The main difference between a linear mixed model and a generalized linear mixed model is that a linear mixed model is used to analyze continuous data, while a generalized linear mixed model is used to analyze data that has a non-normal distribution, such as count data. A linear mixed model uses the linear predictor equation, while a generalized linear mixed model uses a link function to transform the linear predictor equation. Additionally, a generalized linear mixed model can include categorical predictor variables, while a linear mixed model cannot.

## Generalized linear mixed model

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At the Statisticsan generalized mixed linear model (GLMM) is an extension of generalized linear model (GLM) where the linear predictor contains random effects beyond the usual fixed effects. They also inherit from the GLMs the idea of ​​extending mixed linear models do not stop-normal Dice.

GLMMs provide a wide range of models for analyzing pooled data, as differences between groups can be modeled as a random effect. These models are useful in analyzing many types of data, including longitudinal data.

## Model

GLMMs are generally defined so that, subject to random effects

$\displaystyle u$

you

\displaystyle you

the dependent variable

$\displaystyle y$

y

\displaystyle y

is distributed according to the exponential family
with its expectation related to the linear predictor

$\textstyle X\beta +Zu$

x
β
+
Z
you

\textstyle X\beta +Zu

$\textstyle g$

g

\textstyle g

:

$\displaystyle g(E[y\vert u])=X\beta +Zu$

g
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\displaystyle g(E[y\vert u])=X\beta +Zu

.

On here

$\textstyle X$

x

\text style X

and

$\textstyle \beta$

β

\textstyle\beta

are the design matrix of fixed effects and fixed effects, respectively;

$\textstyle Z$

Z

\textstyle Z

and

$\textstyle u$

you

\textstyle you

are the random effects design matrix and the random effects, respectively. To understand this brief definition, you first need to understand the definition of a generalized linear model and from one mixed model.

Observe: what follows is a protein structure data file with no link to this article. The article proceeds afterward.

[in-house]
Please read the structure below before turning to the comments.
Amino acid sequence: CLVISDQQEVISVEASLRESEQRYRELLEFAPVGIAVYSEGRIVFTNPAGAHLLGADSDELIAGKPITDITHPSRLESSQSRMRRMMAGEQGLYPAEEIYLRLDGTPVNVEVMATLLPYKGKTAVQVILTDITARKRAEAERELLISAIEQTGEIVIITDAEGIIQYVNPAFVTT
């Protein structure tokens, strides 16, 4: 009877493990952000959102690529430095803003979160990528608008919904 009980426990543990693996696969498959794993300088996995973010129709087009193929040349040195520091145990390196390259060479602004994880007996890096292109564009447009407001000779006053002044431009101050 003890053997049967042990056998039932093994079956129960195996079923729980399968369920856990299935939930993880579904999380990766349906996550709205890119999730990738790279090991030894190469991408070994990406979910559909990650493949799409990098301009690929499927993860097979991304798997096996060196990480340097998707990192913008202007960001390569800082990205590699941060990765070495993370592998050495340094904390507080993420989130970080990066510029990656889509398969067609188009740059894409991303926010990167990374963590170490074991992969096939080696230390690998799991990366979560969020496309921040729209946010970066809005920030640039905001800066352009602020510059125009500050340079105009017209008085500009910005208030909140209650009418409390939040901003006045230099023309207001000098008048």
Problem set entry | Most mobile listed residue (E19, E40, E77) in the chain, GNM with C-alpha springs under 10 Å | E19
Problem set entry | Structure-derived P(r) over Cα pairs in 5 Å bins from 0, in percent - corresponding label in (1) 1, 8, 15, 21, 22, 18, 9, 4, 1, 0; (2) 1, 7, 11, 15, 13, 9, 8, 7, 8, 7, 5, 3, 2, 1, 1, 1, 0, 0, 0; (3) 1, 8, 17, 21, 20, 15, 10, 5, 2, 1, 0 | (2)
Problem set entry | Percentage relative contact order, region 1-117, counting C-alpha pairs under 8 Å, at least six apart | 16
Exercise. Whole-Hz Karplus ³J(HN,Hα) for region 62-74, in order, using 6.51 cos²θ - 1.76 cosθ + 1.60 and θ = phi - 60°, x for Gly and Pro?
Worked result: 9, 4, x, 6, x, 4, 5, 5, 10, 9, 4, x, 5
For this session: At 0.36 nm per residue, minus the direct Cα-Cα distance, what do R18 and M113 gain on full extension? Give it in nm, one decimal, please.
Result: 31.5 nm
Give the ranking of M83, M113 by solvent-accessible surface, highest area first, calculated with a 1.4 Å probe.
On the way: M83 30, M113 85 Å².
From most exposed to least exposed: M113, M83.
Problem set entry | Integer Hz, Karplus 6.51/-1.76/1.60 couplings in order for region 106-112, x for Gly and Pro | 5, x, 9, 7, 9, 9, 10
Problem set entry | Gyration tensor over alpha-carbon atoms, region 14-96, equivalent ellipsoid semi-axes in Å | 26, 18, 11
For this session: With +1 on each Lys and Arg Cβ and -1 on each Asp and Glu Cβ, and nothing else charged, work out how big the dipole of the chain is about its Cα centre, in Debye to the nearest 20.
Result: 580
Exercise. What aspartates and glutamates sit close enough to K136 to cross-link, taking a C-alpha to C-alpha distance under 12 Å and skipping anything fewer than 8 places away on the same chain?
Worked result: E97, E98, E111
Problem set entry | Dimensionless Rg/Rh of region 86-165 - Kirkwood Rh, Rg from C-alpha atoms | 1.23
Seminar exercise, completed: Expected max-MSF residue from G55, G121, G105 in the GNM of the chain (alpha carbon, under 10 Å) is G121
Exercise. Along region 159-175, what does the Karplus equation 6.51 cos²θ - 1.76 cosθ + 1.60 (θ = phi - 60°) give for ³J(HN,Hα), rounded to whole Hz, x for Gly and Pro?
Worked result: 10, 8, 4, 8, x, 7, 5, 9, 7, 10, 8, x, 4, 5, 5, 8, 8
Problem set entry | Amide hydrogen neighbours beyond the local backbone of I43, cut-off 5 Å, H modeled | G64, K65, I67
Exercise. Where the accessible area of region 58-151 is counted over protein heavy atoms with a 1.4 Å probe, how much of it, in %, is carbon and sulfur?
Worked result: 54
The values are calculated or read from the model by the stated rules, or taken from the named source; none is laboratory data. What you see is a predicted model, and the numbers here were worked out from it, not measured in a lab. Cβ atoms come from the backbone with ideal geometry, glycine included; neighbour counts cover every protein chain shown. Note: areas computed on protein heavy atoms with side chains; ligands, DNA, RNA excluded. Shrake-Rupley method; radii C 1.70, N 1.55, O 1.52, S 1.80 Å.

Generalized linear mixed models are special cases of hierarchical generalized linear models where random effects are normally distributed.

The complete probability

$\displaystyle \ln p(y)=\ln \int p(y\vert u)p(u)du$

ln

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\displaystyle \ln p(y)=\ln \int p(y\vert u)p(u)du

it has no general closed form, and integration over random effects is usually extremely computationally intensive. In addition to numerically approximating this integral (for example, via Gauss-Hermite square), methods motivated by the Laplace approximation were proposed. For example, the penalized near-likelihood method, which essentially involves repeated (ie, doubly iterative) fitting of a weighted normal mixed model with a working variable, is implemented by several commercial and open source statistical programs.

## Fitting a model

Assembly of GLMMs via maximum probability (how see AIC) involves integrating about random effects. In general, these integrals cannot be expressed in analytical way. Several approximate methods have been developed, but none have good properties for all possible models and data sets (e.g. ungrouped binary data are particularly problematic). For this reason, methods involving numerical quadrature or Markov Chain Monte Carlo increased in use as increasing computing power and advances in methods made them more practical.

The Akaike Information Criterion (AIC) is a common criterion for model selection. AIC estimates for GLMMs based on certain exponential family distributions were recently obtained.

## Software

• Several packages contributed to R provide GLMM functionality, including lme4 and glmm.
• GLMM can be installed using SAS and SPSS
• MATLAB also provides a function called “fitglme” to fit GLMM models.
• The Python Statsmodels package supports binomial and poisson implementation
• Julia’s MixedModels.jl package provides a function called GeneralizedLinearMixedModel that fits a GLMM to the given data.
• DHARMa: residual diagnosis for hierarchical regression models (multilevel/mixed) (utk.edu)

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